By Nisma Gabobe, Public Citizen
At a recent U.S. Senate hearing, Republican members of the Commerce, Science and Transportation Committee argued in favor of eliminating important public health safeguards under the auspices of supporting small business owners and working families, supposedly without compromising consumer safety and environmental protection as the committee chair, Sen. Thune (R-SD) stated in his opening comments. However, the ongoing efforts of the Republican caucus attempting to repeal vital protections like the Department of the Interior’s Stream Protection Rule through the Congressional Review Act proves the majority has little interest in protecting the environment or public health.
The five person panel of experts consulted by the committee for the hearing was unfortunately stacked in favor of deregulation with only one panelist, Professor Lisa Heinzerling of Georgetown Law, defending the necessity of health and safety safeguards. The rest of the panel consisted of the CEO of the American Petroleum Institute, the CEO of the Consumer Technology Association, a representative from the National Association of Manufacturers, and a research fellow from the Hoover Institution, a think tank funded by ExxonMobil and the Koch-affiliated Bradley Foundation.
Gary Shapiro, President and CEO of the Consumer Technology Association, a trade organization that works to limit government regulations on the tech industry, argued that regulation stifles innovation and opportunity for small business owners. However, the committee did not put small business owners on the panel or read witness testimony from small business owners at the hearing. There was no mention of any specific regulations that threatened small business owners. When asked to provide data on job loss due to harmful regulations, the panel was unable to do so.
This hearing was a clear example of lawmakers taking advantage of everyday Americans to advance a corporate agenda. Instead of bringing any proof of the alleged difficulties of small business owners to comply with federal regulations, the panelists took advantage of the opportunity of the Senate platform to advocate for corporate interests such as offshore drilling. If Senate Republicans were truly interested in helping average Americans, then they would not advocate on behalf of opening up Arctic drilling given the record of previous environmental damage by the oil and gas industry, most notably the Exxon Valdez oil spill in Alaska and the Deepwater Horizon oil spill in the Gulf of Mexico both of which polluted the ocean and caused major damage to local communities and fishing industries. As Professor Heinzerling noted several times throughout the hearing, the significant benefits of regulation were consistently overlooked by the panel. The American public depends on regulation for the safe consumption of food and water, to safeguard us from dangerous products and to protect us from corporate greed that threatens the environment and our financial institutions.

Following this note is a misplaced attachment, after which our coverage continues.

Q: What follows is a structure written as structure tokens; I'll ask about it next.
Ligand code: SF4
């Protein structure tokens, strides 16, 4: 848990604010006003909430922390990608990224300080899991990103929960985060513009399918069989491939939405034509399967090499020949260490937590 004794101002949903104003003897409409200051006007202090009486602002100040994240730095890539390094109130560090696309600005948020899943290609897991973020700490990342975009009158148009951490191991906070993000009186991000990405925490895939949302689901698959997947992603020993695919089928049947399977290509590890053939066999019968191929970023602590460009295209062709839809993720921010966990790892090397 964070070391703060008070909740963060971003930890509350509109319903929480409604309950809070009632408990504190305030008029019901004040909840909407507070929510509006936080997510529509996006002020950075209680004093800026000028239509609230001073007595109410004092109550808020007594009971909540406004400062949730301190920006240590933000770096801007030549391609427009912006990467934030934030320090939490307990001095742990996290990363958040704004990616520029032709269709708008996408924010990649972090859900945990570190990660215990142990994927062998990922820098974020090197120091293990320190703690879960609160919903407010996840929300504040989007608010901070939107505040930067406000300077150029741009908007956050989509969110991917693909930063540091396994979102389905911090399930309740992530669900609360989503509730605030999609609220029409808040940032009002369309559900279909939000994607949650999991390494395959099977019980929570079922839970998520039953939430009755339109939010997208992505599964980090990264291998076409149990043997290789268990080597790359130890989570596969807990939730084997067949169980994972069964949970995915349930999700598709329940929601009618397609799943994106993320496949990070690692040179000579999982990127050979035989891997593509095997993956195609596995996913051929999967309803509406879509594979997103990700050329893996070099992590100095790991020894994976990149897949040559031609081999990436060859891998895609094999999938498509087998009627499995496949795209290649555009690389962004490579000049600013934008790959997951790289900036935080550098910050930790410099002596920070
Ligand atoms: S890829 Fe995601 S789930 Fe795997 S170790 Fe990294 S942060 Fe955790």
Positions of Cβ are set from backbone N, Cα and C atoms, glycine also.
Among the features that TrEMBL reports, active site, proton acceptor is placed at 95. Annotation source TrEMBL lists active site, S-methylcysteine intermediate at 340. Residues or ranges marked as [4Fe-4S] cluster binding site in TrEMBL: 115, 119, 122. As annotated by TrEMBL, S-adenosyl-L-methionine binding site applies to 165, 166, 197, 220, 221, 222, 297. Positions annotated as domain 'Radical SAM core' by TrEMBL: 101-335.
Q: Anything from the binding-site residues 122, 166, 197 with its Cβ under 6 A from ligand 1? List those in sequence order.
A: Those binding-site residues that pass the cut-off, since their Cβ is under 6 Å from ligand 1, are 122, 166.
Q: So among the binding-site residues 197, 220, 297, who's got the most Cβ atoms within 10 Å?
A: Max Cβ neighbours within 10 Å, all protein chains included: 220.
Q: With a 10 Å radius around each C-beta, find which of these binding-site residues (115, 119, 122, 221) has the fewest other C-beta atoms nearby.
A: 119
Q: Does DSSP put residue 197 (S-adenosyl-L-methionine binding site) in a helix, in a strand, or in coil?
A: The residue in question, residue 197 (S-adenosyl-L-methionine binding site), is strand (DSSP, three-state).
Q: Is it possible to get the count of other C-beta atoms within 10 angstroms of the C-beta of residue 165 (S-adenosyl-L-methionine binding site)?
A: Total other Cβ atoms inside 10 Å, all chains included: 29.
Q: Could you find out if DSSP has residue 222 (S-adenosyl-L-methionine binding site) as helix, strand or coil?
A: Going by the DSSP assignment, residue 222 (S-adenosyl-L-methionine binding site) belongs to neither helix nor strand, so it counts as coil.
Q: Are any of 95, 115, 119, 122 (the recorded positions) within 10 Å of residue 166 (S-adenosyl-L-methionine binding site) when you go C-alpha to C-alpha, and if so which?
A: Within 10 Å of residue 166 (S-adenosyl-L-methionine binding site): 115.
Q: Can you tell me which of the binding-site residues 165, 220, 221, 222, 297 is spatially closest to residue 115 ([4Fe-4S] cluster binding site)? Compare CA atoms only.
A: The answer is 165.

Sen. Thune repeatedly referenced President Obama’s call for reducing regulations at the 2012 State of the Union Address in an effort to call for bipartisan support. However, Republicans seek to do far more than just eliminate outdated and ineffective rules, instead they seek to dismantle crucial regulatory policies for public health, consumer safety and environmental protection.
In the sole claim of a specific federal regulatory policy supposedly burdening working Americans, Sen. Ted Cruz (R-TX) criticized the Obama administration’s Clean Power Plan arguing that such “over-regulation” disproportionately impacts minority communities, citing a report by the National Black Chamber of Commerce. This report was later debunked by Martin Luther King III in a Washington Post op-ed accusing the chamber, which receives funding from ExxonMobil, of misleading minority communities.
Senator Cruz’s argument ignores the health ramifications of fossil fuel power plants in minority communities. The Clean Power Plan would have curbed emissions from coal plants which are predominantly located in low-income, minority communities, minimizing the disproportionate exposure to harmful pollutants that the communities face. A study by Environmental Health Perspectives Journal found that living in proximity to fossil fuel power plants increases one’s risk for respiratory disease by at least 11 percent. Additionally, African Americans accounted for 17.8 percent of asthma and 13.7 percent of Acute Respiratory Illness (ARI) hospitalizations even though they were only 8.7 percent of the total participants in the study. Thus, low-income, African American communities face a disproportionate risk of respiratory disease and must deal with the ramifications of lost work and decreased quality of life due to poor health and the costs of hospitalization and medicine. In addition to providing health benefits, the Clean Power Plan provided economic benefits for consumers as more efficient energy usage would lower electricity bills and the expansion of renewable energy would create job growth.
The debate over the Clean Power Plan is exactly why it is so critical that we appropriately evaluate the benefits of regulatory policy as we examine the costs. The benefits of the Clean Power Plan were lost on Senator Cruz but would not be lost on the minority communities who live in conditions where they are not afforded the right to a clean and safe environment.
It is the obligation of the federal government to protect the public from the efforts of big corporations to pollute the air we breathe and poison the water we drink. However, Senate Republicans seeking to weaken public safeguards are failing that obligation and failing the American people by advancing a corporate agenda, under the guise of support for small business owners, and directly threatening public health and safety.